TORCH is a large-area, high-precision time-of-flight (ToF) detector designed to provide charged-particle identification in the 2-20 GeV/c momentum range. Prompt Cherenkov photons emitted by charged hadrons as they traverse a 1cm quartz radiator are propagated to the periphery of the detector, where they are focused onto an array of microchannel plate photomultiplier tubes (MCP-PMTs). The position and arrival times of the photons are used to infer the particles’ time of entry in the radiator, to identify hadrons based on their ToF. The MCP-PMTs were developed with an industrial partner to satisfy the stringent requirements of the TORCH detector. The requirements include a finely segmented anode, excellent time resolution, and a long lifetime. Over a ~10m flight distance, the difference in ToF between a kaon and a pion with 10GeV/c momentum is 35ps, leading to a 10-15ps per track timing resolution requirement. The required single-photon time resolution is 70ps, for an average of 30 detected photons per hadron.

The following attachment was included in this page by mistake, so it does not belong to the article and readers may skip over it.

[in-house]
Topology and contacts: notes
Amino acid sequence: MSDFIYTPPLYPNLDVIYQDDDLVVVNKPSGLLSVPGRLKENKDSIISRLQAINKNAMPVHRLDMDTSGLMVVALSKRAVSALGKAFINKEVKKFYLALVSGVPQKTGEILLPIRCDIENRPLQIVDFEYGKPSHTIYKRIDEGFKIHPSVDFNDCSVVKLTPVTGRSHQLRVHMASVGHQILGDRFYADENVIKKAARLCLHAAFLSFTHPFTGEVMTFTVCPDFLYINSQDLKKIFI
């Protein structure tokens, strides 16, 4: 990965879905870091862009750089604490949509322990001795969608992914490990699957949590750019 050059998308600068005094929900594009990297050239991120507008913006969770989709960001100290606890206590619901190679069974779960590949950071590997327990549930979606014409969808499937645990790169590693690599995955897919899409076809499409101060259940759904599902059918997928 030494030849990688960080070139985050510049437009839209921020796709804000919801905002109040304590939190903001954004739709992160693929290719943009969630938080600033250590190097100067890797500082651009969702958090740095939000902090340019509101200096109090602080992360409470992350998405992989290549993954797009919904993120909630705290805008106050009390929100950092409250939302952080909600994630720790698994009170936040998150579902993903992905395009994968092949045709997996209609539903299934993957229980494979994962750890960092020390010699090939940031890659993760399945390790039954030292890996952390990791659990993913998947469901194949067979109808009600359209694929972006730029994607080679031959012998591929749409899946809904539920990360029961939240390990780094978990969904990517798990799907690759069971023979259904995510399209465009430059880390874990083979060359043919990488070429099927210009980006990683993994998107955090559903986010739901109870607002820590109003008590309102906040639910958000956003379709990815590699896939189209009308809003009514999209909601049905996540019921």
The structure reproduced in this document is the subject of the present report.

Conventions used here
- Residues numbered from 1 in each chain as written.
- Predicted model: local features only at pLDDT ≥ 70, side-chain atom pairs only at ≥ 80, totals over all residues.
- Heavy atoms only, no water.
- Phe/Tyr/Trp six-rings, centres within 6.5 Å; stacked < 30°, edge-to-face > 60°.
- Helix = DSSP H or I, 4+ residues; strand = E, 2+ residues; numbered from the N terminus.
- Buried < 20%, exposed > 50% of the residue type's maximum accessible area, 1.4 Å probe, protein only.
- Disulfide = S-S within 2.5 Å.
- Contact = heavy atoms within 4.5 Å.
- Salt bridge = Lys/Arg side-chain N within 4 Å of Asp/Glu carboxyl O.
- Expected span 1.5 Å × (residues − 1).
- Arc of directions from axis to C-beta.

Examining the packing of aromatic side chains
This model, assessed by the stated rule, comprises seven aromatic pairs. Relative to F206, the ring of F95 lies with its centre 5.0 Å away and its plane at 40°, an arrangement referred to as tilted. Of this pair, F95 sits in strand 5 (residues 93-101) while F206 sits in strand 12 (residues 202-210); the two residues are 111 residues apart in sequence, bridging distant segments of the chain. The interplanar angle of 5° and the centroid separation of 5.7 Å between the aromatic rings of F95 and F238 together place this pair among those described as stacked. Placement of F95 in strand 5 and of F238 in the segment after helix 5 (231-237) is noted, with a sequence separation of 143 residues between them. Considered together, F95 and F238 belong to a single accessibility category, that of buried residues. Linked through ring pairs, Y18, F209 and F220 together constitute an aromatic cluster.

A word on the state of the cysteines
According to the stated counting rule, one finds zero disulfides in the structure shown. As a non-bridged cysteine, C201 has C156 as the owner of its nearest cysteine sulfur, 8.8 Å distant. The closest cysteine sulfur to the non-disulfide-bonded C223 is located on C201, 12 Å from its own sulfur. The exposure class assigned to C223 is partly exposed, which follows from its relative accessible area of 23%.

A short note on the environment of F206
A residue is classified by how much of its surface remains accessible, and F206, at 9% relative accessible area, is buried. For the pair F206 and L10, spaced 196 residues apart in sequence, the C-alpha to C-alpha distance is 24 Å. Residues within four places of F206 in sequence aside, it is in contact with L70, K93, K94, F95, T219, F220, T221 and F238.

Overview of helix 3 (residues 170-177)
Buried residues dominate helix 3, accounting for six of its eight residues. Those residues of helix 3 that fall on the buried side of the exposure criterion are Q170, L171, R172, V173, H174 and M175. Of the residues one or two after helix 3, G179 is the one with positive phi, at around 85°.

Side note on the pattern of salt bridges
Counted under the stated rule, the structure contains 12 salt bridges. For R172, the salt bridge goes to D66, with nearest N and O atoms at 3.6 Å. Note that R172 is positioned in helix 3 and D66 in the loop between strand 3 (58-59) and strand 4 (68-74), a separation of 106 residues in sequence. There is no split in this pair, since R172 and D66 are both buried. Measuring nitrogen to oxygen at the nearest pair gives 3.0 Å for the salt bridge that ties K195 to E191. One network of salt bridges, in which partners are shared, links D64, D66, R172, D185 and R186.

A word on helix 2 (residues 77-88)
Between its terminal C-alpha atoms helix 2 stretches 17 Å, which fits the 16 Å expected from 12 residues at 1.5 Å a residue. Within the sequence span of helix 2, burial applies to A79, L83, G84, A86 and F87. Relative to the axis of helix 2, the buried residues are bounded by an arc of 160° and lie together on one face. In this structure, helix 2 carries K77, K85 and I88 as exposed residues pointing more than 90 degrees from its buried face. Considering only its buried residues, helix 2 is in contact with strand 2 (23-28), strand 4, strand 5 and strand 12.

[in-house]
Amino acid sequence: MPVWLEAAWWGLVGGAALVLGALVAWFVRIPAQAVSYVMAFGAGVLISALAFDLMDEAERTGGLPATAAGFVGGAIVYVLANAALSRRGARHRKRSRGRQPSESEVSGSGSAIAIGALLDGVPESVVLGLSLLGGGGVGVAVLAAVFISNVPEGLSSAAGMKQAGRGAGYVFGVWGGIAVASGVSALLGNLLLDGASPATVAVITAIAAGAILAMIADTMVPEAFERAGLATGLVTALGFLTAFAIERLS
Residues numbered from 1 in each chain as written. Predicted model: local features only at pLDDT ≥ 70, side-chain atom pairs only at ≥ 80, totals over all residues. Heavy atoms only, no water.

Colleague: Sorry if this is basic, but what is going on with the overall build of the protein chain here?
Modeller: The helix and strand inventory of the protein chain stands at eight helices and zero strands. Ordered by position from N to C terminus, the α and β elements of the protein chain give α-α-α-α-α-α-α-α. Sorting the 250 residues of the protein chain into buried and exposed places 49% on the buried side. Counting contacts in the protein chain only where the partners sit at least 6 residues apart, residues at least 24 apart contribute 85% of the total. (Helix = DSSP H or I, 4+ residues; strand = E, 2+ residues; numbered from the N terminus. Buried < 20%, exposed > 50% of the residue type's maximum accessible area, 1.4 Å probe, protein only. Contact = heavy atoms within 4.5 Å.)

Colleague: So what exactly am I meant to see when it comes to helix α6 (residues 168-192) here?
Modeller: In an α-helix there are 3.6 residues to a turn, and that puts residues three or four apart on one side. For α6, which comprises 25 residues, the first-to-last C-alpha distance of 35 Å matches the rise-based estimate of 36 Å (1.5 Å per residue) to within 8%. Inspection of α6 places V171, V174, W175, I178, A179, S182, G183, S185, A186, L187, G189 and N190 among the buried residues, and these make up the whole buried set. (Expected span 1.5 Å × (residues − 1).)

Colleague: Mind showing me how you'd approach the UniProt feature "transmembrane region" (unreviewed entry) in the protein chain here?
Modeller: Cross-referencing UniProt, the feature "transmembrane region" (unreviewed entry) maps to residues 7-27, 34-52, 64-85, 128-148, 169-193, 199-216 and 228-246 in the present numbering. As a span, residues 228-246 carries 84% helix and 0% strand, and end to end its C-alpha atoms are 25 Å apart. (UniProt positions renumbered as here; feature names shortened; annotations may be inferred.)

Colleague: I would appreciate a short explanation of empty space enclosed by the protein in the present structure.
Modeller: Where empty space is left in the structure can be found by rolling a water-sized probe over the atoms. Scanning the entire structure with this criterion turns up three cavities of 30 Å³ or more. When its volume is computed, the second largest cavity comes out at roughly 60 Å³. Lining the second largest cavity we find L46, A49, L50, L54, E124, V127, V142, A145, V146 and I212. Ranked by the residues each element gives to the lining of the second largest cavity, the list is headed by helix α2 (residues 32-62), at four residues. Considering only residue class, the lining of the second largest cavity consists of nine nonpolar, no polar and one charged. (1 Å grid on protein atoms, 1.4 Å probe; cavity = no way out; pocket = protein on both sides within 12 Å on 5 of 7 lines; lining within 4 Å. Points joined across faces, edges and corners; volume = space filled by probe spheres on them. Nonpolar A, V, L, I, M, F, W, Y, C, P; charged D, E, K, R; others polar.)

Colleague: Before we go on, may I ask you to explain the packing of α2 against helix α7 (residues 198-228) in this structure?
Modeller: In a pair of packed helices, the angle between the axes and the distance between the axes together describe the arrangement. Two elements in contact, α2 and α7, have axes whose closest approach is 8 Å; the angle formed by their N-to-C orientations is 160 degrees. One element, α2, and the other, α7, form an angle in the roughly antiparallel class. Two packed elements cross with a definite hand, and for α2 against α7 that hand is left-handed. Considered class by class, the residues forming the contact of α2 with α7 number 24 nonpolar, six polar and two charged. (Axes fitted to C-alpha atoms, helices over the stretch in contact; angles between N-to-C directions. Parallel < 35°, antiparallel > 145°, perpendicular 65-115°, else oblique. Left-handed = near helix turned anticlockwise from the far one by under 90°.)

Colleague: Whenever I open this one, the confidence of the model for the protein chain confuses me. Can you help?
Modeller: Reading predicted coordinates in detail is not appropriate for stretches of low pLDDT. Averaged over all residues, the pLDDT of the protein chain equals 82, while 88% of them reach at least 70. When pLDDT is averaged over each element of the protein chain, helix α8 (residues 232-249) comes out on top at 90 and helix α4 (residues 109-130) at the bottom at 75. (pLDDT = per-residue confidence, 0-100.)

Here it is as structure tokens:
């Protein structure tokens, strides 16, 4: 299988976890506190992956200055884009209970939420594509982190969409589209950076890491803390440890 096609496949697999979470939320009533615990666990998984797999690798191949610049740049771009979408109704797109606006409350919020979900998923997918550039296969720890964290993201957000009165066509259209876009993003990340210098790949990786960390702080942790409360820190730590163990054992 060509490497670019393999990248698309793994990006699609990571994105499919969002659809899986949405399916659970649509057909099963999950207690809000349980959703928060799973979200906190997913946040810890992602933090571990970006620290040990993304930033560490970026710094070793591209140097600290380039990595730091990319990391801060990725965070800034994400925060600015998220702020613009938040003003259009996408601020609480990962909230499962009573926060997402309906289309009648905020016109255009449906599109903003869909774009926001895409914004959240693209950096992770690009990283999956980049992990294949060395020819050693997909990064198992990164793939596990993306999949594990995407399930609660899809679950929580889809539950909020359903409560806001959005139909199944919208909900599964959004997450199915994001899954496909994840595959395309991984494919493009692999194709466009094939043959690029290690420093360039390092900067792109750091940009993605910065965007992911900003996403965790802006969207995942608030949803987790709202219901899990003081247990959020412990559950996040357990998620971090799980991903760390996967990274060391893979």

The TORCH R&D program aims to demonstrate the validity of the detector concept through laboratory and beam tests, results from which will be shown. A timing resolution of 70-100ps was reached in beam tests, approaching the TORCH design goal. Laboratory timing tests consist of operating the MCP-PMTs coupled to the readout electronics. A time resolution of the MCP-PMT coupled to the readout electronics of ~50ps was measured. This meets the TORCH target timing resolution.